Your email sharing and forwarding rate measures the rate at which email recipients share your content with their friends and networks. It can be calculated as follows:
Email sharing/forwarding rate = (Number of email shares/Number of emails sent) x 100
Keeping track of this metric will help you figure out which campaigns are deemed the most shareable by your customers. For the most part, shareable emails encourage enthusiasm for your brand, boost brand visibility, and enhance engagement among new audiences.
H3: 10. Number of spam complaints
Every time you send an email, you should keep an eye out for potential spam complaints. If an email attracts an especially high number of spam complaints or abuse reports, you will need to investigate the potential reasons behind such dissatisfaction. You may have poorly targeted audience lists or spelling and grammar issues, for example.
Choosing the right metrics for your campaign
Not all metrics apply to certain situations. For example, brand awareness campaigns may be less interested in ROI compared to new product launches. If you’re wondering which metrics to measure, here are a few questions to ask yourself:
What are your primary and secondary objectives? – Gauging your most and least important objectives will help you determine which metrics are essential and which are optional if you’re short of time.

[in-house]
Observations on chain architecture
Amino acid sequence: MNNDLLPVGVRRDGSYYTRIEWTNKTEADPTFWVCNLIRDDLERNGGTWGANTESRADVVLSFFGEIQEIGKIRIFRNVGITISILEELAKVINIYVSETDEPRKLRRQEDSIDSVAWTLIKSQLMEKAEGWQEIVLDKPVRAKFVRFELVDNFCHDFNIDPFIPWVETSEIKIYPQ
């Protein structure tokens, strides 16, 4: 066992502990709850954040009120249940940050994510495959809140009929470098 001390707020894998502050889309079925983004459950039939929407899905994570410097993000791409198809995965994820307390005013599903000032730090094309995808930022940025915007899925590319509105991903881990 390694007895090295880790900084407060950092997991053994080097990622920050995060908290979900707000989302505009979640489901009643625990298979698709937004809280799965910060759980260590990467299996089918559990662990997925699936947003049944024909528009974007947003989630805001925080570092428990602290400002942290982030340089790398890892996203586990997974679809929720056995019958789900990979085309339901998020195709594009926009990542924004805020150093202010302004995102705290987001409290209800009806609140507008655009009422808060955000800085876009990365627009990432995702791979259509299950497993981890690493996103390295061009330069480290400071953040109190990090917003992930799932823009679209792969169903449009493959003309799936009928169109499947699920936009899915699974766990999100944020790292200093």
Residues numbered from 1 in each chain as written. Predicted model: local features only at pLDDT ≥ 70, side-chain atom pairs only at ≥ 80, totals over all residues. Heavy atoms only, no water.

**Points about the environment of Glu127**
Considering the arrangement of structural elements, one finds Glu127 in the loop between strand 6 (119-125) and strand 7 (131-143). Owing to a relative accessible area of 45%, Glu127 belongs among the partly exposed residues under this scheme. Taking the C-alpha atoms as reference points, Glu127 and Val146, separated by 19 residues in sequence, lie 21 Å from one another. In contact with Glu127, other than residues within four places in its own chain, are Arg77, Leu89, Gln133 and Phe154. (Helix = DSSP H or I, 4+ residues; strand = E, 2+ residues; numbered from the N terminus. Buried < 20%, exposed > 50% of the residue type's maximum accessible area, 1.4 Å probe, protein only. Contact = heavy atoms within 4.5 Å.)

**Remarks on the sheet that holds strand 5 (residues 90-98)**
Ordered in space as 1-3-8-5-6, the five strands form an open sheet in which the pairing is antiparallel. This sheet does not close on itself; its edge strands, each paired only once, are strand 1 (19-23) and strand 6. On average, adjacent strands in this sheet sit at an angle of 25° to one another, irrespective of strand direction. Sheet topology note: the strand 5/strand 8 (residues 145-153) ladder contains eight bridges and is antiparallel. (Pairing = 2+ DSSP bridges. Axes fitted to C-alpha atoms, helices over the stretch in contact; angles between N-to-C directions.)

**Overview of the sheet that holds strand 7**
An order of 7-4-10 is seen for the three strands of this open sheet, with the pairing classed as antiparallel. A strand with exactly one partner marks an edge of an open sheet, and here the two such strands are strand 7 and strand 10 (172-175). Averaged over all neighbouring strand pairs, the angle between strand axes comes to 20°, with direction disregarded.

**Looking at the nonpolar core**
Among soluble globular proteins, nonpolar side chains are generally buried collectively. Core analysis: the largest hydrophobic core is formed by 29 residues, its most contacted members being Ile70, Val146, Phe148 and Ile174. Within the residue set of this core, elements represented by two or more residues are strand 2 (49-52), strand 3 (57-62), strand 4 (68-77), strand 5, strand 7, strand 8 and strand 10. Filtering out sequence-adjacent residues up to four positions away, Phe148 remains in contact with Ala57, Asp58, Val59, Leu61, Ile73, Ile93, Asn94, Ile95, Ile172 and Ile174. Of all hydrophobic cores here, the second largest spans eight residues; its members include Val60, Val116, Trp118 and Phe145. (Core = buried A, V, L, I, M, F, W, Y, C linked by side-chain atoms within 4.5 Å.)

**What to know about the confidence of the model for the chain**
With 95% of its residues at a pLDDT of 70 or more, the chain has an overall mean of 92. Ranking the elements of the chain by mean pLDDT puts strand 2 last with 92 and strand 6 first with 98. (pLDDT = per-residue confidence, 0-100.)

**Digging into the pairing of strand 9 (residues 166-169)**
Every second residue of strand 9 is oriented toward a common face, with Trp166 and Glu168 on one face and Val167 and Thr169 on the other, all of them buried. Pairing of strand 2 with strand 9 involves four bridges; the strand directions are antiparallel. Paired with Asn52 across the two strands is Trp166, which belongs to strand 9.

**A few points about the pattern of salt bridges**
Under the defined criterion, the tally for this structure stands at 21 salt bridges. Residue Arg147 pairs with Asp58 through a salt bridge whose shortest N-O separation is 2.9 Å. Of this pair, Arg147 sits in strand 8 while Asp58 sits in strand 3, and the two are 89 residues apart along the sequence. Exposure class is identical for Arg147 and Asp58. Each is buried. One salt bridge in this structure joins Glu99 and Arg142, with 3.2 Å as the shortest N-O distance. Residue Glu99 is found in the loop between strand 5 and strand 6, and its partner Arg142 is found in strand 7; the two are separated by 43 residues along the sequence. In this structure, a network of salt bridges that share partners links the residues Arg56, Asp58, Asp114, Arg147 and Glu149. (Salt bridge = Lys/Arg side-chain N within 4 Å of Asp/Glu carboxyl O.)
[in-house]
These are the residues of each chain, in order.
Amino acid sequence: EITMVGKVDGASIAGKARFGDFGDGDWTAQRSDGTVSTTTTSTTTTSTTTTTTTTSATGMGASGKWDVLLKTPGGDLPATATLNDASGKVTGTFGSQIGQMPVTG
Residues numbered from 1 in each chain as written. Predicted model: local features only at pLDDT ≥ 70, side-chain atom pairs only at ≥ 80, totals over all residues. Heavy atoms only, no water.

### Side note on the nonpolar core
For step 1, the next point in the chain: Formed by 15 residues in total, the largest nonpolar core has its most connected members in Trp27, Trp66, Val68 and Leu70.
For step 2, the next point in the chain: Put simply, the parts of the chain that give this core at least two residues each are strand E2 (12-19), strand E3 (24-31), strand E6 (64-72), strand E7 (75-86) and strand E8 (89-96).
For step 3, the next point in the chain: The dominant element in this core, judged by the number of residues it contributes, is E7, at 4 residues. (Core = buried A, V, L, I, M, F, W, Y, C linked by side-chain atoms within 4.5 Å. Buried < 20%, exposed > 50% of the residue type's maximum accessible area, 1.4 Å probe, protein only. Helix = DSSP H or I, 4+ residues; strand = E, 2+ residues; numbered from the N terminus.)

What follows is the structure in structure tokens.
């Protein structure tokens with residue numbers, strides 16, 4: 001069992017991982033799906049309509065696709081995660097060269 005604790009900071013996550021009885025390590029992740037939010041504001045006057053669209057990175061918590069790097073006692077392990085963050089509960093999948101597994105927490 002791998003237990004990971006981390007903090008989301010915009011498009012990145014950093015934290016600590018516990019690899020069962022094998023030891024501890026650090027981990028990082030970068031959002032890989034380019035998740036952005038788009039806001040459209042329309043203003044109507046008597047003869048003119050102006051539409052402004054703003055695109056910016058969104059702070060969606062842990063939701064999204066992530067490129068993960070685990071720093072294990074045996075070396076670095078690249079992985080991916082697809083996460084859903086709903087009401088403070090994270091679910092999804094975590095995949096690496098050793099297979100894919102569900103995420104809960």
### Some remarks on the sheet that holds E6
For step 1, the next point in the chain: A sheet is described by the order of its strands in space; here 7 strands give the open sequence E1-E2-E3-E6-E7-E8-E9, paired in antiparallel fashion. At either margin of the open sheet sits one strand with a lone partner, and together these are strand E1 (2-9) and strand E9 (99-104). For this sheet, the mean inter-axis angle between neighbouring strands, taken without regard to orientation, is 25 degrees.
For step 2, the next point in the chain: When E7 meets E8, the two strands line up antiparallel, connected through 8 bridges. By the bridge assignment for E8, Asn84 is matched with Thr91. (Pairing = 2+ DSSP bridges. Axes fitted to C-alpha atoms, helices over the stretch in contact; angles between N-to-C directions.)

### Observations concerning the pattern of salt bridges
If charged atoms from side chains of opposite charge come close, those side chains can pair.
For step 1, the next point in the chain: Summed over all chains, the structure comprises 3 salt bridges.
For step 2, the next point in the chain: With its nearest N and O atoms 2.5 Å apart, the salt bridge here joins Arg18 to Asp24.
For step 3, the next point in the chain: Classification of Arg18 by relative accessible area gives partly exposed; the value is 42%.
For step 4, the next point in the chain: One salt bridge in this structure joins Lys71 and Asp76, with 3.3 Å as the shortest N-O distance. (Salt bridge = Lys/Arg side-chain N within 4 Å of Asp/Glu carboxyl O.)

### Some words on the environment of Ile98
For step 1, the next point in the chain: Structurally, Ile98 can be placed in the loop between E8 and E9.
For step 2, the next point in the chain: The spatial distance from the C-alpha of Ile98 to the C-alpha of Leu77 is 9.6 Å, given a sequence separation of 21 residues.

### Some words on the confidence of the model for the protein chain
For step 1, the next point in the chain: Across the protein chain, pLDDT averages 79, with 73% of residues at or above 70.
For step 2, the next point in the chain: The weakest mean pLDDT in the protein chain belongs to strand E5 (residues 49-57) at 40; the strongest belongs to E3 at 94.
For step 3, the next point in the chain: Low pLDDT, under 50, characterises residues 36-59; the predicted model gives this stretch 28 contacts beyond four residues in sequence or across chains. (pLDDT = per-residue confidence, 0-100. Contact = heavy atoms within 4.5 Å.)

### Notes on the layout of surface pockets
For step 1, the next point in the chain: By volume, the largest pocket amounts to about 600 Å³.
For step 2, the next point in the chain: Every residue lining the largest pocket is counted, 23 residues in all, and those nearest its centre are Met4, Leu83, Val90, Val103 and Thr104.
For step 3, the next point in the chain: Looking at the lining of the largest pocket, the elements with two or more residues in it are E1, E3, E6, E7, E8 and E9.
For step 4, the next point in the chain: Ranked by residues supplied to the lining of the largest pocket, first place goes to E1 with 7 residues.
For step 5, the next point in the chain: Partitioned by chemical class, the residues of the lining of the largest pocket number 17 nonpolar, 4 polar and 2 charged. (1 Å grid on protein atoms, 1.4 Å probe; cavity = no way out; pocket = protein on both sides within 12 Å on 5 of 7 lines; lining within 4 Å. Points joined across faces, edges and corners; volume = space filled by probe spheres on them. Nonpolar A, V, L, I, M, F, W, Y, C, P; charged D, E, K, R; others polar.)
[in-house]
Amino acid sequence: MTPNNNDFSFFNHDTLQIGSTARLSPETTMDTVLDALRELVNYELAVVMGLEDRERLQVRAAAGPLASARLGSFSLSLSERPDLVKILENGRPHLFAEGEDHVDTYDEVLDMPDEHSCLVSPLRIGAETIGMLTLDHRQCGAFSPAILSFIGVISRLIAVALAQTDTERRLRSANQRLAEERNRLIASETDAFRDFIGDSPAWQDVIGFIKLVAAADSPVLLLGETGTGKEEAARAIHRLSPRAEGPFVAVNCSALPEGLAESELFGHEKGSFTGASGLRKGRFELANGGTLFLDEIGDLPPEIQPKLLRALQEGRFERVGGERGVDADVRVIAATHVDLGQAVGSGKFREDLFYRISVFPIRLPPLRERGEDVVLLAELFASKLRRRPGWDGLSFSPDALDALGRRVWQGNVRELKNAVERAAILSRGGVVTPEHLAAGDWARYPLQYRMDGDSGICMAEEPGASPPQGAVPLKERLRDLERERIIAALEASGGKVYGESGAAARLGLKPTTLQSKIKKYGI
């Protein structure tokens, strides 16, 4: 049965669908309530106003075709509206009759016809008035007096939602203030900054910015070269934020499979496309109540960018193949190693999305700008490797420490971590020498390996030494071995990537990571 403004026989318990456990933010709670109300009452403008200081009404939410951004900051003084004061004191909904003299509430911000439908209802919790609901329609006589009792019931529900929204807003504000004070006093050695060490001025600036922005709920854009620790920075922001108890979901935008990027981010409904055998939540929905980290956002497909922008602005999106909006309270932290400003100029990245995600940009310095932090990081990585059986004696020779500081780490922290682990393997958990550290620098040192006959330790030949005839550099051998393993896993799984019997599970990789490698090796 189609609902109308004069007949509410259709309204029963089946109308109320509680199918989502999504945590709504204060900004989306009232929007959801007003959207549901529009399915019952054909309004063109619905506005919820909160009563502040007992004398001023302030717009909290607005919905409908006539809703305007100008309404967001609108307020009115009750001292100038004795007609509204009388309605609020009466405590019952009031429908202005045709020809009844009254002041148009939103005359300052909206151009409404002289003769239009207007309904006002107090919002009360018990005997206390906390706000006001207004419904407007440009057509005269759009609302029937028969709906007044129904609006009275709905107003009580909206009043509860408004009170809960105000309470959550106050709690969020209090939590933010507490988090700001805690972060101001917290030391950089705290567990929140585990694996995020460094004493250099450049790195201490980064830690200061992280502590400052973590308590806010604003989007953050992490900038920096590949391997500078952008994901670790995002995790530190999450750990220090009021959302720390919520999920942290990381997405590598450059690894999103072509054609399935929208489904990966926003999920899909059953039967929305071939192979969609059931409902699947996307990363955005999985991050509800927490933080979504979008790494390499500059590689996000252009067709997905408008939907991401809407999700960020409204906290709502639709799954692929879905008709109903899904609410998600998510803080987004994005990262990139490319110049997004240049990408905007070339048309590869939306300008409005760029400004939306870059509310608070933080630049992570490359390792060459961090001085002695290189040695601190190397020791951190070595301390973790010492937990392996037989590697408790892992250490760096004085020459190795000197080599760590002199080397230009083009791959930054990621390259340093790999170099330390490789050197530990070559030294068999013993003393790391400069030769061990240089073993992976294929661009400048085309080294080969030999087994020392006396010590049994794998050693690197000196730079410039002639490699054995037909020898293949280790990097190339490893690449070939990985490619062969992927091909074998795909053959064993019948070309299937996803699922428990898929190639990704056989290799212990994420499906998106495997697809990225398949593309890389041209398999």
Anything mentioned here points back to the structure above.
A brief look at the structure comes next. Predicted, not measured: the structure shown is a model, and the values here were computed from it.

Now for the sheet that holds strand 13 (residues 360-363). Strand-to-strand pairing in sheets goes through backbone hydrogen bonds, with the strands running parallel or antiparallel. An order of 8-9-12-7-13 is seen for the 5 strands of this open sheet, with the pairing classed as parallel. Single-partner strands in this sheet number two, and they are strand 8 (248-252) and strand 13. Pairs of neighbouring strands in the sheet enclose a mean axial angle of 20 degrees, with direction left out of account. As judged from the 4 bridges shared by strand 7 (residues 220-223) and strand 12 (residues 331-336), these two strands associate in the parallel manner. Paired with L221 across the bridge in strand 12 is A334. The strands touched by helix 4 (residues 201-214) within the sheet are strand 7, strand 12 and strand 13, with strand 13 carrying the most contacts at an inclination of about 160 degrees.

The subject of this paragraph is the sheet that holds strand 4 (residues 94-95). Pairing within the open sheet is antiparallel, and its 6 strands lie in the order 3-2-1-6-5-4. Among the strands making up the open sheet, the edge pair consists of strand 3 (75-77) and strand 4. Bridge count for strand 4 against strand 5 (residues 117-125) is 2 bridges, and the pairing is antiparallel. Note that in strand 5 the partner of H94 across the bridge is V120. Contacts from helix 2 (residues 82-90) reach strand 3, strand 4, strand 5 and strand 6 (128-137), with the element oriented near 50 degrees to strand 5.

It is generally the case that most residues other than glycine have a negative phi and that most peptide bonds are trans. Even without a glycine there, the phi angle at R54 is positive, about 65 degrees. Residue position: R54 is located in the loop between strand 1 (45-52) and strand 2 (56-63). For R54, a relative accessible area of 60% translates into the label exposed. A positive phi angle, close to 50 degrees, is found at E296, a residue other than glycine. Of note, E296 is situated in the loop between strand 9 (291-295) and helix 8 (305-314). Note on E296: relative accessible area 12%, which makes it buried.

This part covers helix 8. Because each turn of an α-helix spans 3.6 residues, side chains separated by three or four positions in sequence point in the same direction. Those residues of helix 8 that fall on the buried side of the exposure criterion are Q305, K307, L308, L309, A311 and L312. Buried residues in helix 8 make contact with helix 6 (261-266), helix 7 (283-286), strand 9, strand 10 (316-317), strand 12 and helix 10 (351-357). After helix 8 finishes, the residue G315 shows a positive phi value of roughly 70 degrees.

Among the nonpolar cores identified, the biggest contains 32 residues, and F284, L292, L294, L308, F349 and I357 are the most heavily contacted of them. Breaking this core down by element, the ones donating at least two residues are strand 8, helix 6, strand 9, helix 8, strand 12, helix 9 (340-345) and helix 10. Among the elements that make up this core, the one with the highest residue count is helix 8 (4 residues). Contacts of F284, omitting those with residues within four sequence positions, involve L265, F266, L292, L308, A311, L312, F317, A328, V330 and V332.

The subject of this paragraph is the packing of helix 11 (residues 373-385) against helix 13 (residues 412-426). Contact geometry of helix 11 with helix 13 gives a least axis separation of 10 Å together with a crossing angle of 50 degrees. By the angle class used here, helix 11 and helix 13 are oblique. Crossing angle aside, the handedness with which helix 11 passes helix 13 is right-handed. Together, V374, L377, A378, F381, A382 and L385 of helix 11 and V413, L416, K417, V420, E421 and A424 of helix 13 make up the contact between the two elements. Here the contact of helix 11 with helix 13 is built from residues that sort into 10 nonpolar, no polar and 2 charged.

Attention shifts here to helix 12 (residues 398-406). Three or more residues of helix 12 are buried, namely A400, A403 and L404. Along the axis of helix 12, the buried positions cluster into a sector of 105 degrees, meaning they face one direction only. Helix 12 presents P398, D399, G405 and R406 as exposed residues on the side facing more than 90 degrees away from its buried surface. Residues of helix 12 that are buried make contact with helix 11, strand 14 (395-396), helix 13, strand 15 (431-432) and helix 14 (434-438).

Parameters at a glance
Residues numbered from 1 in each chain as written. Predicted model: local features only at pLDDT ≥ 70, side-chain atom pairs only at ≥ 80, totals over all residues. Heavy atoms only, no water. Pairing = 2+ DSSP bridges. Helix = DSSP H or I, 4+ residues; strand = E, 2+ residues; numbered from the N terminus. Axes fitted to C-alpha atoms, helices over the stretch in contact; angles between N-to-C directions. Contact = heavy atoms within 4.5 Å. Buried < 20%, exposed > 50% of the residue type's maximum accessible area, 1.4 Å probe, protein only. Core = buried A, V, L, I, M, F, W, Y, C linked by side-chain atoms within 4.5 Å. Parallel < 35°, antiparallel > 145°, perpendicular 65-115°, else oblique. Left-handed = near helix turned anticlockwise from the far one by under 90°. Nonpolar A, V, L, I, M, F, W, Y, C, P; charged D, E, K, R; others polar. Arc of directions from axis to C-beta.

What are your key performance indicators (KPIs)? – What do you hope to gain from the campaign, and how will you measure success? Incorporating your KPIs into your email metrics will ensure you’re analyzing the right facts and figures.
What are your long-term goals? – Are you planning to monitor trends over time? Some metrics – such as unsubscribe rates – help track audience behavior in the long term.
Take your email marketing skills to the next level
Tracking a range of relevant KPIs for every email marketing campaign will help you develop an engaging strategy over time. While on-the-job practice makes perfect, it’s also a good idea to engage in some tailored learning opportunities to help you hit the ground running. This is where Maven comes in. Our ‘Email Marketing 101
’ course, for example, provides valuable insights into automated email marketing. If conversions are your main concern, our ‘High-Converting Email Welcome Series
’ will help focus your efforts. Finally, businesses suffering from high rates of inactive subscribers can try our ‘Reactivation Blueprint
’ course to learn need-to-know strategies for engaging previously loyal customers.
1. What are the top five email marketing metrics?
While every campaign is different, most marketers consider the following metrics as vital for evaluating success:
2. What is considered a strong click-through rate?
Click-through rates can vary widely by sector, audience, and other factors. As a general rule, a rate of around 2-5% is considered reasonably successful. However, you should aim for a higher rate.
3. How often should I assess my metrics?
Frequent monitoring of your email marketing metrics will help you identify trends and improve your campaign strategy. Remember to schedule plenty of time to assess your campaign success and discuss the results with others. This approach could help you come up with creative solutions to inefficiencies.